In 1920, film critics in the trade media and in fan-based publications generally gave high marks to Dr. Jekyll and Mr. Hyde and, not surprisingly, focused chiefly on John Barrymore. The popular trade paper Variety described the production as a "fine and dignified presentation" with an "excellent" performance by Barrymore despite what the paper viewed as the absurd nature of the plot:
The story itself is ridiculous, judged by modern standards, but that doesn't alter its value as a medium for Mr. Barrymore...As the handsome young Dr. Jekyll his natural beauty of form and feature stand him in good stead and he offers a marvelous depiction of bestiality in the transformed personality of "Mr. Hyde." Yet he was always Jack Barrymore, which is the most adverse comment that could be made upon the production....
In the weeks following the release of Dr. Jekyll and Mr. Hyde in March 1920, media reports about the box-office receipts being generated by the film and the exorbitant prices being spent by "movie palaces" to rent it attest to the production's commercial success. On April 2, for example, Variety reported that the Rivoli Theatre, a prestigious entertainment venue in New York City, was already earning "enormous takings" from its screenings of the film. Variety also informed its readers that the Rivoli's management had paid $10,000 to the film's distributor just to rent the picture, which it noted was "probably a record price for a straight rental anywhere in the world".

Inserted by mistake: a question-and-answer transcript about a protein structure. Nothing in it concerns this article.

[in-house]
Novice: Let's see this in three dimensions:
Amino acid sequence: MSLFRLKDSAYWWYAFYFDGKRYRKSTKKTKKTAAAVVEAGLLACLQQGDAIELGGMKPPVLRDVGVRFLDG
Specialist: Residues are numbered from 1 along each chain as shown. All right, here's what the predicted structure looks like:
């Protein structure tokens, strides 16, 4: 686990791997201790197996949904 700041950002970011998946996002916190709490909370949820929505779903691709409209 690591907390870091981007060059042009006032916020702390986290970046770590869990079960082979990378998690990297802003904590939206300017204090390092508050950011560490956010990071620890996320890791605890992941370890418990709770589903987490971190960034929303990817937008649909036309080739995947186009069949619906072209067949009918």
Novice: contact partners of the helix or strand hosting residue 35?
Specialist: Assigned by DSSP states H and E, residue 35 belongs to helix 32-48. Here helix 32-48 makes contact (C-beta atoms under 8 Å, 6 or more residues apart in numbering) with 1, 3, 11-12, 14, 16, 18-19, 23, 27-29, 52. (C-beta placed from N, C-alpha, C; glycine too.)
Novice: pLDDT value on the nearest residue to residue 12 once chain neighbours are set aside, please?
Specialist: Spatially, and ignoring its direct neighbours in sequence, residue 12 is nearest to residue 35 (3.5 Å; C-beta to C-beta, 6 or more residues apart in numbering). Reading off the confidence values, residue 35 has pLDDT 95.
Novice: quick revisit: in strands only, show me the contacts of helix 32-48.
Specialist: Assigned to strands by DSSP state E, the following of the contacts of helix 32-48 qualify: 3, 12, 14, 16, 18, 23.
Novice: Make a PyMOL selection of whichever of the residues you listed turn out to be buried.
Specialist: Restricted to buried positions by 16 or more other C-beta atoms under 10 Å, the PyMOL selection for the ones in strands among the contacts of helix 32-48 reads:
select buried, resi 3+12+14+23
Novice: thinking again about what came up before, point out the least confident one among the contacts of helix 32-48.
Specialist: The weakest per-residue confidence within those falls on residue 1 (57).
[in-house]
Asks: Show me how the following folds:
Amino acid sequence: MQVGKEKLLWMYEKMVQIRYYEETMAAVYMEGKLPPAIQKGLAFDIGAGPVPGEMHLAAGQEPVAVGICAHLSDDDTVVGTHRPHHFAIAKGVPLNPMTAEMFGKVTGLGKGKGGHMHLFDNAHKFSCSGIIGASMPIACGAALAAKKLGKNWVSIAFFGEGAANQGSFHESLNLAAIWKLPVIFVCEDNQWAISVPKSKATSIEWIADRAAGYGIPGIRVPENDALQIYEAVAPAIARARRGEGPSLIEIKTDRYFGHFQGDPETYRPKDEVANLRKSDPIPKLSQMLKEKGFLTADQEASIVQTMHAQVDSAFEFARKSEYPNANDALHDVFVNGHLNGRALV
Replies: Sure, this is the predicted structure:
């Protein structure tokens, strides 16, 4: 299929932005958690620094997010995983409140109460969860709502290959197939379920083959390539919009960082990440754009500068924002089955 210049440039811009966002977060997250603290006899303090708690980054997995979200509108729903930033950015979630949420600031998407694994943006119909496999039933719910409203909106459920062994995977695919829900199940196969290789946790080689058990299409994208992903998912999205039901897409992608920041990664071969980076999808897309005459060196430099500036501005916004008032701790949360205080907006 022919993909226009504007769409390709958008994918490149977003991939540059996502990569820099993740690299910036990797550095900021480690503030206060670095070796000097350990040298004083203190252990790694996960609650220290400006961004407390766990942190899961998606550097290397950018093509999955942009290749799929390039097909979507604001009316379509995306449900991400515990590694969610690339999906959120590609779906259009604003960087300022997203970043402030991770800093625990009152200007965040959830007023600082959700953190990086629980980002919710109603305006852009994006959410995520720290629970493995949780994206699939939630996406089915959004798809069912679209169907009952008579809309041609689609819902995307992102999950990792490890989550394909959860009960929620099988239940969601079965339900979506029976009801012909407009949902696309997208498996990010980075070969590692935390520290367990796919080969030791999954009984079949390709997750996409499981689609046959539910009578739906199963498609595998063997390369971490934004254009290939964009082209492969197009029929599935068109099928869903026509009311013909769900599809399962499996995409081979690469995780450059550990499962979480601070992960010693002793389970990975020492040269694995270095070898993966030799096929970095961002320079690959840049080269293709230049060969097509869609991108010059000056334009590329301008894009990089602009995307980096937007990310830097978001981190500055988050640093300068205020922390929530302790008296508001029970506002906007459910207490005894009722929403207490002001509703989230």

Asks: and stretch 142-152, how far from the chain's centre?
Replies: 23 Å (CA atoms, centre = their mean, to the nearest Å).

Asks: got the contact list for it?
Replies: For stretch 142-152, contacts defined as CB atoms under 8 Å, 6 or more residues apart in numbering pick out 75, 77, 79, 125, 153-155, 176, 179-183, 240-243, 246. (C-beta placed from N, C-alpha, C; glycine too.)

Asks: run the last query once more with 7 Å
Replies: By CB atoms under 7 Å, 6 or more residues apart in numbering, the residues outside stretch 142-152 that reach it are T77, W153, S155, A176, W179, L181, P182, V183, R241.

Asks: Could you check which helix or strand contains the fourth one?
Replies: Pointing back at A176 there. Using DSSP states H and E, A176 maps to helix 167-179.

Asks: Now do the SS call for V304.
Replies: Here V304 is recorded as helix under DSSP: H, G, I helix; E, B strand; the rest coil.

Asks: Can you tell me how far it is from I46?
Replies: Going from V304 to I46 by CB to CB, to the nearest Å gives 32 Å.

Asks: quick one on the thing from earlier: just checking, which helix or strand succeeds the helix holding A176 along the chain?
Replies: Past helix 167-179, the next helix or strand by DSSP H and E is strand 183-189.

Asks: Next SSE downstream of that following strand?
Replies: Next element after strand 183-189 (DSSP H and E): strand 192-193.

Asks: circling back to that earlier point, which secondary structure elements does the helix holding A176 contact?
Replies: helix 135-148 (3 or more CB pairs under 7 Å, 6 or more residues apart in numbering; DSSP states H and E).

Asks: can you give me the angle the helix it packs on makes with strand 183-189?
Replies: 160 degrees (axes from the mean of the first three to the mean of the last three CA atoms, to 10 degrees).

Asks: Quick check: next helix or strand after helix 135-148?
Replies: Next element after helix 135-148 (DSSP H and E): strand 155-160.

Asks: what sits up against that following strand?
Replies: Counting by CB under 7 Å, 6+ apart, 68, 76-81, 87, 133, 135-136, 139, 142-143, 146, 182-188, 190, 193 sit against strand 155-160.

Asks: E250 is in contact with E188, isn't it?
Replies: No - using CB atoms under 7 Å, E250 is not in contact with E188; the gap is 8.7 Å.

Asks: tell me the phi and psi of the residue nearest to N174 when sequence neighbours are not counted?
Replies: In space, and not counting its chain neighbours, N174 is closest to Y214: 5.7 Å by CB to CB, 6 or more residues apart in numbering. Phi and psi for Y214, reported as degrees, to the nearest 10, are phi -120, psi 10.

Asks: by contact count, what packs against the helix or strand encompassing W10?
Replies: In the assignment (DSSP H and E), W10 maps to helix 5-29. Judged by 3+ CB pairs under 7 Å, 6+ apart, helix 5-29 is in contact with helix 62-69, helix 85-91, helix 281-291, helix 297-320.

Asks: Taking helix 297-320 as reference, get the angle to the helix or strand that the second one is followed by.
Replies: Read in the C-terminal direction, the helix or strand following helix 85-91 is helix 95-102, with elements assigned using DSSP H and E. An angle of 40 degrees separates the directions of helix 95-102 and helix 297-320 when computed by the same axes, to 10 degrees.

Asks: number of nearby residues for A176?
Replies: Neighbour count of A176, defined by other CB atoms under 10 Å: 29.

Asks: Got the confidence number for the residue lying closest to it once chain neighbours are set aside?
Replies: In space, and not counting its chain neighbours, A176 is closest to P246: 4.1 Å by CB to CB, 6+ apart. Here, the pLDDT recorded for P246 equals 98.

With regard to broader public reaction to Dr. Jekyll and Mr. Hyde in 1920, fan-based publications and individual moviegoers expressed more mixed reactions to the film than critics in entertainment trade papers. Some of those reviewers, like the title characters in the film, were "split", harboring both decidedly positive and negative opinions about the production. Photoplay, a widely read New York-based monthly, provides one example of such mixed reactions. In the magazine's June 1920 issue, critic Burns Mantle describes two of his friends' diametric responses to the picture. One friend praised it as "a perfect sample" of filmmaking, destined to be a "classic" in cinematic history; the other friend was appalled by it. As to his latter friend, Mantle adds that she "insists as strenuously that 'Dr. Jekyll and Mr. Hyde' gave her a most terrific attack of the blues from which she has yet to recover, nor expects to ever fully recover." Mantle's own feelings about the much-anticipated release were not so clear-cut: